When I first read The Art of Racing in the Rain, I immediately fell in love with Enzo. I loved his voice. I loved his vulnerability. I loved his heart. I hurt for him when people didn’t treat him well. Looking at the book from my author’s perspective, I marveled at how author Garth Stein seemed to understand dogs so well, he made me believe in Enzo.

Pete and Ernest are ready to watch our DVD of The Art of Racing in the Rain.

I recently had the opportunity to interview Garth Stein for a forthcoming All Creatures article. The Art of Racing in the Rain was made into a movie, and Twentieth Century Fox Home Entertainment has now released the movie on Digital, Blu-Ray and DVD. I had a brief fifteen minutes to talk to Garth Stein about the book, the movie, and the DVD. I had my questions laid out, but when I loosened up and veered away from my standard questions, the interview was really fun! I even told him a little about Ernest and Pete (above) and he told me about his late dog, Comet.

I read the book when it first came out. We saw the movie in the theater. And we bought our copy of the DVD just this week. In the movie, Enzo is voiced by Kevin Costner. His person, Denny is played by Milo Ventimiglia. I loved the movie, and thought it did a really good job in its adaptation of the book. Garth Stein told me that he was most concerned that the director and producer got the heart of the book right, and he feels they did.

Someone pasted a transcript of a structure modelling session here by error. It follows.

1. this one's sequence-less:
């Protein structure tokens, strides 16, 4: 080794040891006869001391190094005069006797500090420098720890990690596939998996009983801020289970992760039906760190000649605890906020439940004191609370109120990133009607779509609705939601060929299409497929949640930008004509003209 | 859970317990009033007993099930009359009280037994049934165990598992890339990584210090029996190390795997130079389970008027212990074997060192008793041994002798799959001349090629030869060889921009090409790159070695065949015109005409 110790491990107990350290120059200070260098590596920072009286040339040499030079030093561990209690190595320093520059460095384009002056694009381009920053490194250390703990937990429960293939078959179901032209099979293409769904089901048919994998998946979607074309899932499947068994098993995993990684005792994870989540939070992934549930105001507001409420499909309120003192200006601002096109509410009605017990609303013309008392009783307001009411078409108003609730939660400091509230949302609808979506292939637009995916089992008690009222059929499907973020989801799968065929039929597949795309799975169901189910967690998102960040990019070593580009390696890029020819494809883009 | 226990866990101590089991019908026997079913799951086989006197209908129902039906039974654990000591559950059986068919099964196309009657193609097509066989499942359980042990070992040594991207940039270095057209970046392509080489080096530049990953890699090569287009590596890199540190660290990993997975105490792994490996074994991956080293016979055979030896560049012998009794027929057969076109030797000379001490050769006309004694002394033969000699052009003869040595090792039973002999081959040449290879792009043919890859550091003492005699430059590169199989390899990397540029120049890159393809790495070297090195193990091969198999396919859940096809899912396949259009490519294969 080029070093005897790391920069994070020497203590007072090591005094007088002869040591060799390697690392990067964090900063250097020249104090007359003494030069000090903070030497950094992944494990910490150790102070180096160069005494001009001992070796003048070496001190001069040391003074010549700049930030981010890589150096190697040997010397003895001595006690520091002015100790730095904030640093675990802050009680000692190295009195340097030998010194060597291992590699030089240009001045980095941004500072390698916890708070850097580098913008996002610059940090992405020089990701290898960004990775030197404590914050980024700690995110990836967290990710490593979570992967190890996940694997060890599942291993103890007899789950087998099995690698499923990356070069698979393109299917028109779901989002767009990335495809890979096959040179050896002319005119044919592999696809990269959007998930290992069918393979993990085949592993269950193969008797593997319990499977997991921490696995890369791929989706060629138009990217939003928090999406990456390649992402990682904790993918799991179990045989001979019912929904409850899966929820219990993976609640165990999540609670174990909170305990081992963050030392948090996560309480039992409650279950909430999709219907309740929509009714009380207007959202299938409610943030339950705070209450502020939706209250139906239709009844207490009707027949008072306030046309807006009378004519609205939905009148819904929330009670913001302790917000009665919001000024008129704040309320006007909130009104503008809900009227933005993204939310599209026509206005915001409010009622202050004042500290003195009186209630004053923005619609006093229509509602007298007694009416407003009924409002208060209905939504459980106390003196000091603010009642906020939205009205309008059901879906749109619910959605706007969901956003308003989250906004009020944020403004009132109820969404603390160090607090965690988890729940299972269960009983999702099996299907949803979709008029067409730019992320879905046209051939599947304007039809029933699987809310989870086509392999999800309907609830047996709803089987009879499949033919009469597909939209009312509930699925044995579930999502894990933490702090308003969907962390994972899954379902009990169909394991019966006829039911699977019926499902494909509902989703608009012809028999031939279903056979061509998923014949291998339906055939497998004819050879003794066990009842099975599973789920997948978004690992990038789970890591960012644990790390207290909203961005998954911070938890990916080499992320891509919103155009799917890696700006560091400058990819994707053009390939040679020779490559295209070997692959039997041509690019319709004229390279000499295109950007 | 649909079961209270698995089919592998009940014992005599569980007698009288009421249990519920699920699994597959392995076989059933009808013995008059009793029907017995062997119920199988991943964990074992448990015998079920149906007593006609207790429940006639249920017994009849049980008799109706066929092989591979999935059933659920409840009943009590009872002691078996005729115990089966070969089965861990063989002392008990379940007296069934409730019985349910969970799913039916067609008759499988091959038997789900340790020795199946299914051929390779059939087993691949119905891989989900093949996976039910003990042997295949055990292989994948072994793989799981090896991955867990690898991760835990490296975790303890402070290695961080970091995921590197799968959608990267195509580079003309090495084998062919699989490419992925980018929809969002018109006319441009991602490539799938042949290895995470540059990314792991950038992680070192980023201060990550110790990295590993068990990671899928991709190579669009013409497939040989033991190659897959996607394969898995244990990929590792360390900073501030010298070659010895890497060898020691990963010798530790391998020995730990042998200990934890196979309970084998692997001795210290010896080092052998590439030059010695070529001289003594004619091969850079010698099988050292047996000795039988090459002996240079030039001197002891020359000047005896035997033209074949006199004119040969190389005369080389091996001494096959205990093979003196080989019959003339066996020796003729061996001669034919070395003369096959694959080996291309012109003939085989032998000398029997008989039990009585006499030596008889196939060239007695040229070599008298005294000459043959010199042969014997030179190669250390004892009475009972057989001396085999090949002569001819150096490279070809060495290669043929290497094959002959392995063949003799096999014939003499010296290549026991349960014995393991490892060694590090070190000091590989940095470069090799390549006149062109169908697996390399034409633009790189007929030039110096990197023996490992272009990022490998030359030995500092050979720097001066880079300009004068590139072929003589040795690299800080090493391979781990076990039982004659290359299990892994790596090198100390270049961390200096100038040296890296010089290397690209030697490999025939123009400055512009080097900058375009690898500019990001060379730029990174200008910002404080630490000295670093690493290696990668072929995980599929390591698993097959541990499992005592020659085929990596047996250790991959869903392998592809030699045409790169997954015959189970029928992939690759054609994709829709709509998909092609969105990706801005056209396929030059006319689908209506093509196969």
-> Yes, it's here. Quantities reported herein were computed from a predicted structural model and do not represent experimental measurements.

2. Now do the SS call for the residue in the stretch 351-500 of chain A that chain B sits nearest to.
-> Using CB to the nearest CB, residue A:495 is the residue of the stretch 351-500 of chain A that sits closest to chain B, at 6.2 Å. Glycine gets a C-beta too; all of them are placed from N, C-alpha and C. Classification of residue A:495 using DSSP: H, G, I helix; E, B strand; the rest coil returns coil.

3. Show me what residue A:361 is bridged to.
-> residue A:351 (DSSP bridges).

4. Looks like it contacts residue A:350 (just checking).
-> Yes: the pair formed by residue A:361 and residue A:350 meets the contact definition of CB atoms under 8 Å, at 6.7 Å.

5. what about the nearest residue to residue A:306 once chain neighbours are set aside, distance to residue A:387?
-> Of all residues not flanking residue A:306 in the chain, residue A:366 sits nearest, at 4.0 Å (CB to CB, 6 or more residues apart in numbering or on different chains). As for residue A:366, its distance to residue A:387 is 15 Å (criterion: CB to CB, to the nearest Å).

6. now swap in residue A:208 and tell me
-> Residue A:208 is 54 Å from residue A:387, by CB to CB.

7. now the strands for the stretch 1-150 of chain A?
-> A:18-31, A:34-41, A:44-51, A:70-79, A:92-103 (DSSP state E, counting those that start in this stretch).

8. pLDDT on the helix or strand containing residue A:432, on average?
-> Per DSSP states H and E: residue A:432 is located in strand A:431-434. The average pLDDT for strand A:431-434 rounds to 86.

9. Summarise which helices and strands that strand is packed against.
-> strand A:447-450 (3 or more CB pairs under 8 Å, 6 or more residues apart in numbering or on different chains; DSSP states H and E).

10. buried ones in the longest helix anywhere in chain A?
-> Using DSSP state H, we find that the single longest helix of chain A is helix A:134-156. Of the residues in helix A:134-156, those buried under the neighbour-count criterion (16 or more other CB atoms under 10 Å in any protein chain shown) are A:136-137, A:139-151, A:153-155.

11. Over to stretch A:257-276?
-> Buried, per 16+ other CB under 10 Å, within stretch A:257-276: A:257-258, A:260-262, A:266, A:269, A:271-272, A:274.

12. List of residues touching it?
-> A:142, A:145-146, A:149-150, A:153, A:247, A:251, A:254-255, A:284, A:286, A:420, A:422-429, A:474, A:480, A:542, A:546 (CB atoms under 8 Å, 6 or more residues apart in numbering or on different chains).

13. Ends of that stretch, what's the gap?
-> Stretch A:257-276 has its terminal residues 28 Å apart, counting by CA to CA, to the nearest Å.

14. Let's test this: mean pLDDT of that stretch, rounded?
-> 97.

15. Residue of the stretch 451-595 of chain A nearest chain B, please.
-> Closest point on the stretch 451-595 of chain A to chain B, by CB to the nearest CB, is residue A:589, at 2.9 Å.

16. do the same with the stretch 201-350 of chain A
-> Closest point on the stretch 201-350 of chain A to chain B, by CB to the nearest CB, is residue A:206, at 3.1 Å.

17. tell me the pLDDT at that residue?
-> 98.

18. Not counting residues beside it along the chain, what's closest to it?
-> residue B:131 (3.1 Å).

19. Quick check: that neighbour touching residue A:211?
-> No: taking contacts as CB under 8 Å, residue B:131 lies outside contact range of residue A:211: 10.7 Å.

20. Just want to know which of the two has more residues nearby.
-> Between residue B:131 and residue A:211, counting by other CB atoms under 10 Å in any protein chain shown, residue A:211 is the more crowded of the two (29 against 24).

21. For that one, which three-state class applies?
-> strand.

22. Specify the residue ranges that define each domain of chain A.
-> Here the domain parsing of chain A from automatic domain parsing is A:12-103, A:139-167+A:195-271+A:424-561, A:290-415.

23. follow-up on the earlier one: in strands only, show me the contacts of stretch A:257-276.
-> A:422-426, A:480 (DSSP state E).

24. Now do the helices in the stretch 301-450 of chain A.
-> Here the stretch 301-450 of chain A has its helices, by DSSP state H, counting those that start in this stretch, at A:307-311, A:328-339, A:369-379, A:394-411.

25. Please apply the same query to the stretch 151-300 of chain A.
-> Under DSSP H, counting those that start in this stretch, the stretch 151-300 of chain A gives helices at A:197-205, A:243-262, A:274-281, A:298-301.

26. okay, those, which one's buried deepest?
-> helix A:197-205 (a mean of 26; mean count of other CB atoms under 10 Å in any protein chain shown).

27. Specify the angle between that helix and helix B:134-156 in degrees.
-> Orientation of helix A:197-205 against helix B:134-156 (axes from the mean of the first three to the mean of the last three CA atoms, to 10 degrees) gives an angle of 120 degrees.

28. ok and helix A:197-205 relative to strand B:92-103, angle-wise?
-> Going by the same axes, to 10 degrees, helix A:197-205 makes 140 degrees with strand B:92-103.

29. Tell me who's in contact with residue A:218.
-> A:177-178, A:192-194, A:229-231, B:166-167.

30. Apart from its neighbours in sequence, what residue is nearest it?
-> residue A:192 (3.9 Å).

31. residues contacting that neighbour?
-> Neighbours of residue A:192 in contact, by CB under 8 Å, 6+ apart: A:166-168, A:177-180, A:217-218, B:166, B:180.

You can read my entire interview with Garth Stein in All Creatures, forthcoming. In the meantime, fetch the DVD and enjoy the movie at home. Grab your tissues too. If you haven’t read the book or seen the movie and if you want to know if the dog dies, the answer is yes. This fact is clear from the very start– Enzo is old, hurting, and his person knows it’s time to say goodbye. This is the beginning, from Enzo, the narrator:

“In Mongolia, when a dog dies, he is buried high in the hills so people cannot walk on his grave. The dog’s master whispers into the dog’s ear his wishes that the dog will return as a man in his next life. Then his tail is cut off and put beneath his head, and a piece of meat or fat is placed in his mouth to sustain his soul on its journey; before he is reincarnated, the dog’s soul is freed to travel the land, to run across the high desert plains for as long as it would like.

I learned that from a program on the National Geographic channel, so I believe it is true. Not all dogs return as men, they say; only those who are ready.

I am ready.”